NEW YORK — Deliberations that began Wednesday in the trial of a man charged with killing eight people along a Manhattan bike path quickly hit a snag, as jurors sent the judge a note asking if he would face new criminal charges if they acquit him.
The query only an hour into the jury's deliberations was a surprising twist in the trial of Sayfullo Saipov, whose lawyers admit that he rented a truck and drove onto the Hudson River path on Halloween in 2017, killing eight cyclists and injuring about a dozen other people.
The defense argued that jurors should acquit Saipov of certain charges, particularly racketeering counts, if they find that he did not kill people to gain membership to the Islamic State group, a U.S.-designated terrorist organization. The note seemed to indicate that some jurors believe the argument pertained to all charges.
Defense lawyers, though, had aimed the argument at the racketeering charges in particular, hoping to win acquittals on some of the 28 counts that could result in a death sentence. If Saipov is convicted on any of those, a death penalty phase of the trial would begin before the same jury days later.
Jurors heard about two weeks of evidence including testimony from FBI agents and numerous victims of the attack.
Saipov, who moved to the United States in 2010 from Uzbekistan and lived in Ohio and Florida before joining family in Paterson, New Jersey, has been in a federal jail since the attack.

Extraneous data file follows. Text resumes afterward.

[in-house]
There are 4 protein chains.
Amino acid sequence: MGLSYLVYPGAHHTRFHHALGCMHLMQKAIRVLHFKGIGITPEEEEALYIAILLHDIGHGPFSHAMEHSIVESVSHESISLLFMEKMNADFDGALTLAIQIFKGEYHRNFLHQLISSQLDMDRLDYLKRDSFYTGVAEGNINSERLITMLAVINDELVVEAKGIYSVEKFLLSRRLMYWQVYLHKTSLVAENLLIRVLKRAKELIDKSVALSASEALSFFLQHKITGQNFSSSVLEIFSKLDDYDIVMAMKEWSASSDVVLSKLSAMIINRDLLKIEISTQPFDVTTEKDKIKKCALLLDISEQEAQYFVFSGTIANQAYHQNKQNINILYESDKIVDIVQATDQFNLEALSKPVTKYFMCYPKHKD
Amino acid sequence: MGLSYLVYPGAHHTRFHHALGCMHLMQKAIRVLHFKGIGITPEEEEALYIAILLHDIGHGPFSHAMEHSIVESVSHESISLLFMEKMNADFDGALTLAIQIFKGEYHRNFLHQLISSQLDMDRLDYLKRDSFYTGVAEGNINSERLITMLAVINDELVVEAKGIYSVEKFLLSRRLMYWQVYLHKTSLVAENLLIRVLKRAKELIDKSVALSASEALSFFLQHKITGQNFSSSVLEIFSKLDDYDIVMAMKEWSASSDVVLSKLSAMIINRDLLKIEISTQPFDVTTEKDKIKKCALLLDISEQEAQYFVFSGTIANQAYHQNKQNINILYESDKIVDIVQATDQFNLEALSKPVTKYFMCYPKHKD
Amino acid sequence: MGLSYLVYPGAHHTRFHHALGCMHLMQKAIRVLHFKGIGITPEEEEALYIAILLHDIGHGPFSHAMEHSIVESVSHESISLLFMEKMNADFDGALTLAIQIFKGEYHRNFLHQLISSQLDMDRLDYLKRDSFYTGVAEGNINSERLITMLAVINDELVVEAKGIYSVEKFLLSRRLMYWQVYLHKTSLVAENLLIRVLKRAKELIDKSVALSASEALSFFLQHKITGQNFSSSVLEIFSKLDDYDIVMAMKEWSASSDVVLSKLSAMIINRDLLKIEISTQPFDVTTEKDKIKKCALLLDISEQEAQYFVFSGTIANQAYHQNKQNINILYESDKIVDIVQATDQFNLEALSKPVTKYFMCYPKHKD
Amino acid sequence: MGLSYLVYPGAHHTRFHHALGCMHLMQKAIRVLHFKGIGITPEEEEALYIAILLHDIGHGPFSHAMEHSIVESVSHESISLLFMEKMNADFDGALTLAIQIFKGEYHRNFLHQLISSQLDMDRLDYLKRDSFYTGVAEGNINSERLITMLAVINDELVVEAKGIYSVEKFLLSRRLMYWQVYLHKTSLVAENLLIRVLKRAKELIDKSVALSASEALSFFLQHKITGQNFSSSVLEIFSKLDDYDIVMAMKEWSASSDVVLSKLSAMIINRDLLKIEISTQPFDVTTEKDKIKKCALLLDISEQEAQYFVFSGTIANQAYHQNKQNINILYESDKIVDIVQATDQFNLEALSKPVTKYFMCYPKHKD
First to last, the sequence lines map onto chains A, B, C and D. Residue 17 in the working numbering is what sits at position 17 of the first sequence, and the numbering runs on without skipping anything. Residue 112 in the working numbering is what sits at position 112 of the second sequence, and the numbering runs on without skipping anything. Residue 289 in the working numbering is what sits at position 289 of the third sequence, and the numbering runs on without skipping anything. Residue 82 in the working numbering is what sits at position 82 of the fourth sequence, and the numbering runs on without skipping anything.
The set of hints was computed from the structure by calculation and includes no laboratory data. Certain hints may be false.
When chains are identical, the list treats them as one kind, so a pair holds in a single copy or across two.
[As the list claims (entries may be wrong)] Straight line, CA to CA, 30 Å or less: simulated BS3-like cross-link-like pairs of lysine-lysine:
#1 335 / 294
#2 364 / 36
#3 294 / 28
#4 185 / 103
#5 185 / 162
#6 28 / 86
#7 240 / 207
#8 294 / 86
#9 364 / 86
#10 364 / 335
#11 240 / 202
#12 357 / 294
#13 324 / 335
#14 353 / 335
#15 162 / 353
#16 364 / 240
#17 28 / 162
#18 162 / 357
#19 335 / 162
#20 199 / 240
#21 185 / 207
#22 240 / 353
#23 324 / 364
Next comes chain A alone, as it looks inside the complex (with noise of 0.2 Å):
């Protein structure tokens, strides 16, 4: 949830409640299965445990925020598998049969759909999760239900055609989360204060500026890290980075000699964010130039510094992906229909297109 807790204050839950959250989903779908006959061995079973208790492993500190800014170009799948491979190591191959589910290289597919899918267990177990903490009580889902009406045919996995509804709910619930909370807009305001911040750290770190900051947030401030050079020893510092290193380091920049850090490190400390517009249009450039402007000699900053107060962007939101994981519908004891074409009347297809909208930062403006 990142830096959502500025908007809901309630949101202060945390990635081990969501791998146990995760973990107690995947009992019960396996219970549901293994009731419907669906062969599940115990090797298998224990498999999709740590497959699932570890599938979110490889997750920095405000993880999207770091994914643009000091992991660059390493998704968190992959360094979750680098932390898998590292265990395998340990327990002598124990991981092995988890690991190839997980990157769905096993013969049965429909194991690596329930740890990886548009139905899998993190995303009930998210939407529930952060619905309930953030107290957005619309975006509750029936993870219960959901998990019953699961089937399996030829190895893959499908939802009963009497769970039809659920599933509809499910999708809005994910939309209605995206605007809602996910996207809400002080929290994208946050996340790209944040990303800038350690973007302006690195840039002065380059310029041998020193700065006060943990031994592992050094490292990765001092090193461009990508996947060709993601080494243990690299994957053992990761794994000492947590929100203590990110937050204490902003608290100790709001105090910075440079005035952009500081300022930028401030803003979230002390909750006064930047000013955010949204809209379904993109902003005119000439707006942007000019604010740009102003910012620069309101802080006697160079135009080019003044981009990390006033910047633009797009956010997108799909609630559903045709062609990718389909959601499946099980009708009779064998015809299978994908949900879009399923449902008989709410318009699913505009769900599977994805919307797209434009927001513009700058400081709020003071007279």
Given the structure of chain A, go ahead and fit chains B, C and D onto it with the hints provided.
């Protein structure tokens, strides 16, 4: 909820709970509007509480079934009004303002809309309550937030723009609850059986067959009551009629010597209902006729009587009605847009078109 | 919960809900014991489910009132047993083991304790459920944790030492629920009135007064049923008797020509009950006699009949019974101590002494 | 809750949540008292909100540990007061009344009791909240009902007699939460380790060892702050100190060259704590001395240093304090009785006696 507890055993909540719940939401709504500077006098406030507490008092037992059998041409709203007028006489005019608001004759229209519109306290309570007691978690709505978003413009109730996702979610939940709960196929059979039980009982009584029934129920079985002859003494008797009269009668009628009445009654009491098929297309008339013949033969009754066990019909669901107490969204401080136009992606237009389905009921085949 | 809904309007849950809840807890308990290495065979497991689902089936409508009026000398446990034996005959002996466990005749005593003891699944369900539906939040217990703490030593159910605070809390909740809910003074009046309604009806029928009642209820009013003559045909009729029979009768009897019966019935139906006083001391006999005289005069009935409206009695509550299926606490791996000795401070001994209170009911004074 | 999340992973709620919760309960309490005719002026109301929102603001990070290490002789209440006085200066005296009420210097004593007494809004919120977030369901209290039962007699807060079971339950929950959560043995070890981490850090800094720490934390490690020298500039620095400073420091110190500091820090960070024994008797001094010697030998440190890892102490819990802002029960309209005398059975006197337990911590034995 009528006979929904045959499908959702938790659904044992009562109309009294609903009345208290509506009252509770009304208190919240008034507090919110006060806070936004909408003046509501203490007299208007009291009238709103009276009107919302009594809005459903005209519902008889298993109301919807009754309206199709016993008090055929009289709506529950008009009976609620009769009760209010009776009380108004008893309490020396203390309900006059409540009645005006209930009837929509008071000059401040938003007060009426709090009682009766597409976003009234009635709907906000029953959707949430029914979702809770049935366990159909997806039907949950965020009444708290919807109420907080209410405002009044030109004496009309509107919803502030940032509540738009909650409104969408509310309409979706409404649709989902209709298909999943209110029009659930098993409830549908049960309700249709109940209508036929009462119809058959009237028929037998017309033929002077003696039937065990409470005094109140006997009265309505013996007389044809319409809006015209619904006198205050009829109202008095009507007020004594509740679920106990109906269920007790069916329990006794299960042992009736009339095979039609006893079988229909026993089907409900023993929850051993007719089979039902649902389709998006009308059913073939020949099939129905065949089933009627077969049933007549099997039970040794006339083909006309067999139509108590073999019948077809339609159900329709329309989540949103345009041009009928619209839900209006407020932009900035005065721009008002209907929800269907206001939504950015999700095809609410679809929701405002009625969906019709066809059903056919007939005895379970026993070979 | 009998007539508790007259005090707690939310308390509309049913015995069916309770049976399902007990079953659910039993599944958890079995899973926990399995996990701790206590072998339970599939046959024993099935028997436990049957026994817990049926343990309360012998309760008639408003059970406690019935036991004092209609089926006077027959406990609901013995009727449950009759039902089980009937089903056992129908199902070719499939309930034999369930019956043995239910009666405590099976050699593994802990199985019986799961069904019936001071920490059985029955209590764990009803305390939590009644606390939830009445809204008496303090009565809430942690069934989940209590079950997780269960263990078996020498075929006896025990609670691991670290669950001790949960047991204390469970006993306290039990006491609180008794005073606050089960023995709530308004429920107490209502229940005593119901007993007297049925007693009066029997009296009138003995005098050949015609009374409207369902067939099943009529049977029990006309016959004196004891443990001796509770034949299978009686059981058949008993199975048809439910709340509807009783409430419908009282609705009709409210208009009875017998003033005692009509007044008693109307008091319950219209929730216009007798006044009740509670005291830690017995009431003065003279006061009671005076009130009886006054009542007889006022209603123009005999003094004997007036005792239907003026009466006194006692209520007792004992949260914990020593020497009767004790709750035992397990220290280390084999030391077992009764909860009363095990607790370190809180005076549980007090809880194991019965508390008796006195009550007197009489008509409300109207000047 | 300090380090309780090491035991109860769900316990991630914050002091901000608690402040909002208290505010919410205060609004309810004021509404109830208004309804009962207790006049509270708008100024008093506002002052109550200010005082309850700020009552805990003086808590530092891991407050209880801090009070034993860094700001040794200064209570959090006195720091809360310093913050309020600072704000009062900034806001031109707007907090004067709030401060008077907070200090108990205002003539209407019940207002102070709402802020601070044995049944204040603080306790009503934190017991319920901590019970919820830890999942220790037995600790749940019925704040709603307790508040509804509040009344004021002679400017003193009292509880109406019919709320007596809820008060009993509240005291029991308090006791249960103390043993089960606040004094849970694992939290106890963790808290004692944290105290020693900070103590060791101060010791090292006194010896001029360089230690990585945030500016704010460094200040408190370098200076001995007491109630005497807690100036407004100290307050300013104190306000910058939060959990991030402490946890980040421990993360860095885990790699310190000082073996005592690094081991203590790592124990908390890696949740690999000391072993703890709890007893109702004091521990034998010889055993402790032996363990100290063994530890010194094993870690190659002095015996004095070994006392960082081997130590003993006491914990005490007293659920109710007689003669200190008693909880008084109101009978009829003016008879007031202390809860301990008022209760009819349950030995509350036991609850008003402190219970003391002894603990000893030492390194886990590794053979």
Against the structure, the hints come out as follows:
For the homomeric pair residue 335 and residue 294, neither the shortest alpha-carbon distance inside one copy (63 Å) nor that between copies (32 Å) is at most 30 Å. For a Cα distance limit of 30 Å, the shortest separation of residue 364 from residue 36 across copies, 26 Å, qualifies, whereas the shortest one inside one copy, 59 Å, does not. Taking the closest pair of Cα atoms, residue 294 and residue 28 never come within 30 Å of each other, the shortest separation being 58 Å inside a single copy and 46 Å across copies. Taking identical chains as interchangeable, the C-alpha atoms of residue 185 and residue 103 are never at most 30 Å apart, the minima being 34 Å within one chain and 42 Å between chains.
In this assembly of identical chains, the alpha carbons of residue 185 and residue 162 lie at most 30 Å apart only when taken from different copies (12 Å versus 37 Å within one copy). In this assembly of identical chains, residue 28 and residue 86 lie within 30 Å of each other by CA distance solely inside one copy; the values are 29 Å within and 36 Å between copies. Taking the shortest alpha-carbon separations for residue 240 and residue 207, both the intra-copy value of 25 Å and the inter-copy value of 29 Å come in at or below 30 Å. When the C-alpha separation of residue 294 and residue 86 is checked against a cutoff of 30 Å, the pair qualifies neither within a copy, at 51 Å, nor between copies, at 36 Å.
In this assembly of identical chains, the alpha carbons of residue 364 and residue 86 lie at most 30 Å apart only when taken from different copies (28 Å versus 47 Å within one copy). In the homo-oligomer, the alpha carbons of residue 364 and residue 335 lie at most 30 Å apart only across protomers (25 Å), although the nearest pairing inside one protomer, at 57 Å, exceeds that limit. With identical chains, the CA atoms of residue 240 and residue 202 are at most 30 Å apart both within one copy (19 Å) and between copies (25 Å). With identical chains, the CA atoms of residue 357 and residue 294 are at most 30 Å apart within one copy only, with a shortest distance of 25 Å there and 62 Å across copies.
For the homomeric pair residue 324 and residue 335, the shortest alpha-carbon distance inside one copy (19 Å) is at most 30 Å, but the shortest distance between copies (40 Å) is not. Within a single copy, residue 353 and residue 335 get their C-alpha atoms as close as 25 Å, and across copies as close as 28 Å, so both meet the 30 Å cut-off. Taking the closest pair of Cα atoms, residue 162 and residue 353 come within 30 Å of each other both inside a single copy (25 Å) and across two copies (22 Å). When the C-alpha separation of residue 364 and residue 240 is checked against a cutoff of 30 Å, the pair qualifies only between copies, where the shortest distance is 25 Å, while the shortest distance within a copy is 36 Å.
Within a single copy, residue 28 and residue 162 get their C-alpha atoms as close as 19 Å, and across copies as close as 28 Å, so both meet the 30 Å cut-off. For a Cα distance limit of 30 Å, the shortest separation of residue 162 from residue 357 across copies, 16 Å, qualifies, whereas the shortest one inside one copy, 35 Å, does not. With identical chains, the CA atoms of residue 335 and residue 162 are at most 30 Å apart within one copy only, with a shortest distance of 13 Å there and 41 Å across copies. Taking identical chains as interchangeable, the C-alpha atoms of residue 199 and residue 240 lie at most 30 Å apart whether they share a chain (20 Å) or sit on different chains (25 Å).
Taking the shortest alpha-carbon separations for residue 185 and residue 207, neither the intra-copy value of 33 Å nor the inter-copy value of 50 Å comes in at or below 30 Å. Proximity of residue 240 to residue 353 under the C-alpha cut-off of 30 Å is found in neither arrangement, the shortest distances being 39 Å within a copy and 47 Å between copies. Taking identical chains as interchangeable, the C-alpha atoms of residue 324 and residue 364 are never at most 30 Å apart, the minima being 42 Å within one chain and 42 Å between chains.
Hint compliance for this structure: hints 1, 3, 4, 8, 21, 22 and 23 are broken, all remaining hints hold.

The attack ended after the truck plowed through two poles and into a small school bus. Saipov was shot in the lower torso and injured by a police officer. Prosecutors said it spoiled his plan to proceed to the Brooklyn Bridge and kill as many people as possible.
After reading the jury note aloud, U.S. District Judge Vernon S. Broderick sent the panel home for the day. He told lawyers they could discuss how to respond on Thursday morning.
“This is a complication,” the judge said.
The jurors' note had three components. In the first, they asked if defense lawyers were contending that Saipov committed the attacks but was simply charged with the wrong crime.
Then they asked a hypothetical, wondering if Saipov would face the same charges if he had gone abroad and gotten an identification card from the Islamic State group before killing the cyclists.
Finally they asked, “If we find he did not do it for ISIS membership, and therefore is not guilty, will he be retried with different charges?”
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